There's also over 180 qualifications with course fees slashed by at least half.
Getting a plan together
Jobs and Skills Centres provide free support and guidance around career planning, changing careers, and upskilling. They use a range of website and tools to tailor support and guidance to your individual needs — whatever your age, or the stage of your career — even if you're still at school or you're looking for your first job. One of the tools you can use to research career development options is the myfuture website.
This website is available free to all people in Western Australia, and it has a large range of resources and tools to enable you to explore how your values, interests and skills relate to a wide range of career options and pathways.
And after you've checked out the myfuture website, you can get job ready with the deadly careers team at your local Jobs and Skills Centre — give them a call on 13 64 64 or find your local and drop in for a yarn to find out how they can help you.
The Aboriginal Services jobs board
We work with employers to find great job opportunities for Aboriginal people, and our free online jobs board has them!
You can browse through all the jobs we've got available, and if you register with the jobs board (it's free), you'll get an email notification whenever a vacancy comes up that matches what you're looking for. Plus you'll get an online space where you can save your CV/resumé, references, job applications or portfolio.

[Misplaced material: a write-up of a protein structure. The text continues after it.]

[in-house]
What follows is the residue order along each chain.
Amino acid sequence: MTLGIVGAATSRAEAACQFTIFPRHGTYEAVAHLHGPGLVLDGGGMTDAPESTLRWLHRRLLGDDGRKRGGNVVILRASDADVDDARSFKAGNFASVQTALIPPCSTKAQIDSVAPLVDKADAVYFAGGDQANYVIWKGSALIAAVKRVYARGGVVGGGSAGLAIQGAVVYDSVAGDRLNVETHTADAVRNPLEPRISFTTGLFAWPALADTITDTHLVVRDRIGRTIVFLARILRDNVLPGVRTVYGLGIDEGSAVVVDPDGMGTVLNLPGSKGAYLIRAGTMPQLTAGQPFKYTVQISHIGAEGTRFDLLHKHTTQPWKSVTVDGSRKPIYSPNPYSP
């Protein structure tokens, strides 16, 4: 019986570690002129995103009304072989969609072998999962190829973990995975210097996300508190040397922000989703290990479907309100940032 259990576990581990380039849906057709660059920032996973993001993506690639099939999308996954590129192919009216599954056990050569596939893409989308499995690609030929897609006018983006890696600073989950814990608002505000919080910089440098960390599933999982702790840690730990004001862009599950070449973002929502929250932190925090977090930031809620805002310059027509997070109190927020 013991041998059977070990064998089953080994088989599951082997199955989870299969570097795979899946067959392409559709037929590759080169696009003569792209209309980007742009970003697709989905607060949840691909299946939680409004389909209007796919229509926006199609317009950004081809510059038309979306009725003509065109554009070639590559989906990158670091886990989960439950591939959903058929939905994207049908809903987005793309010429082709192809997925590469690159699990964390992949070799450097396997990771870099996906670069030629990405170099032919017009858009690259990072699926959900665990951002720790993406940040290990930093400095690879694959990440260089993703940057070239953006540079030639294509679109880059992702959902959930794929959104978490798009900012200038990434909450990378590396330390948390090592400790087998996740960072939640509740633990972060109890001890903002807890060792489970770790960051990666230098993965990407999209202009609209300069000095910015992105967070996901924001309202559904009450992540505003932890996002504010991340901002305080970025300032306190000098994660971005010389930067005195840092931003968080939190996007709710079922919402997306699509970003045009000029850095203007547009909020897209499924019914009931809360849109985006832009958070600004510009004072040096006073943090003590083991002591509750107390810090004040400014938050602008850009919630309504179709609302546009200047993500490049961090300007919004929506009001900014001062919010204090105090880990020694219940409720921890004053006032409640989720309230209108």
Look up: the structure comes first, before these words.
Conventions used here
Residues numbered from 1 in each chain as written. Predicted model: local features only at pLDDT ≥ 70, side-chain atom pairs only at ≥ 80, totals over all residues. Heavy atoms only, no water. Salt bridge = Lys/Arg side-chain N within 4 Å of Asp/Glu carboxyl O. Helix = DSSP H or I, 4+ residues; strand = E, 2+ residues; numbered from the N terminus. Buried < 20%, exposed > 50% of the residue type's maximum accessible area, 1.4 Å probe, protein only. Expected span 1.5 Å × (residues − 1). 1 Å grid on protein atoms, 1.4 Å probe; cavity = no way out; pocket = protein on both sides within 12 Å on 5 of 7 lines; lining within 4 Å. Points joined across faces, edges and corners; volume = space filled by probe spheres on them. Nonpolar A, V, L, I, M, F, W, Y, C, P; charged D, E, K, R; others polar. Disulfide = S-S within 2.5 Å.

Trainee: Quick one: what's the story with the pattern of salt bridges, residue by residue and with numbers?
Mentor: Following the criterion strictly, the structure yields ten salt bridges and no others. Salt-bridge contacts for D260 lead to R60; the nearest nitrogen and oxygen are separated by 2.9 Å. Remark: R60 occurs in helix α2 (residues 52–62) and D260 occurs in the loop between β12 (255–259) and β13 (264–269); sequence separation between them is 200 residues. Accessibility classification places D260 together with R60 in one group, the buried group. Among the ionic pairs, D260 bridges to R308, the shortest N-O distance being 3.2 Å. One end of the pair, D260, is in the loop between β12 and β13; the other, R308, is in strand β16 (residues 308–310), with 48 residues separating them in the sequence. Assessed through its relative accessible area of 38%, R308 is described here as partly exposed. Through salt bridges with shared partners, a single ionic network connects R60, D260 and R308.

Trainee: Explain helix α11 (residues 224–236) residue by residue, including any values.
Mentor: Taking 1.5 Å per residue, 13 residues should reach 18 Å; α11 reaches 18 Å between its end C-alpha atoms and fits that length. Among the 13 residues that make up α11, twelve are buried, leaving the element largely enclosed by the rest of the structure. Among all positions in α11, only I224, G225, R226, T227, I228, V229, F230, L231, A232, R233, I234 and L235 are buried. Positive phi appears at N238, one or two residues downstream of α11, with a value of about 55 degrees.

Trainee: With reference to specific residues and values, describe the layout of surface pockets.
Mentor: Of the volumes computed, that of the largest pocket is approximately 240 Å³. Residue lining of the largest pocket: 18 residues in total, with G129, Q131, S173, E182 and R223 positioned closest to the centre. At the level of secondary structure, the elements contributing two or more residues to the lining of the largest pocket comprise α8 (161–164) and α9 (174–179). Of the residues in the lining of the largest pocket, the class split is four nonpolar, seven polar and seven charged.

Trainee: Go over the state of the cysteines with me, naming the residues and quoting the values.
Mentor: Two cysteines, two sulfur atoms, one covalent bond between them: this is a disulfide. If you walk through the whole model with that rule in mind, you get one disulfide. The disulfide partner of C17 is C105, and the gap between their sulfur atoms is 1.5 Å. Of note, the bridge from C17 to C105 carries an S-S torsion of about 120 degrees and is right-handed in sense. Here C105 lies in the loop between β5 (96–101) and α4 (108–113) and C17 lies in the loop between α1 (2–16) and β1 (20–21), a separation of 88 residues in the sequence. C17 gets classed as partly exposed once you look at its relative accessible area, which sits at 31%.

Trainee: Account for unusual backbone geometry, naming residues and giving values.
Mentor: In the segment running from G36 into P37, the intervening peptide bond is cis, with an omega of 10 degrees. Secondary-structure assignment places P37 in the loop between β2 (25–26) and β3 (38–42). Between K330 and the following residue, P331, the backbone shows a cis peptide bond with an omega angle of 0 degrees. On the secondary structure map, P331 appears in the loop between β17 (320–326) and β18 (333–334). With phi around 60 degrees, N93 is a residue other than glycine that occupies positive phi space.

Registration is free! Go check it out, and get yourself set up.
The Jobs and Skills Centre Deadly Jobs page on Facebook is a great way to find employment opportunities plus tips and useful information to help Aboriginal jobseekers.
Information and resources for jobseekers
There are many options available to support and assist jobseekers in a variety of ways. You might need study or training support, workplace support, or maybe help with your finances or healthcare. Don't be afraid to reach out, these services are there to help and support you.
Support to access training
The Department of Training and Workforce Development funds a range of services for students, to assist and support people to be able to access and attend training and improve their employment prospects.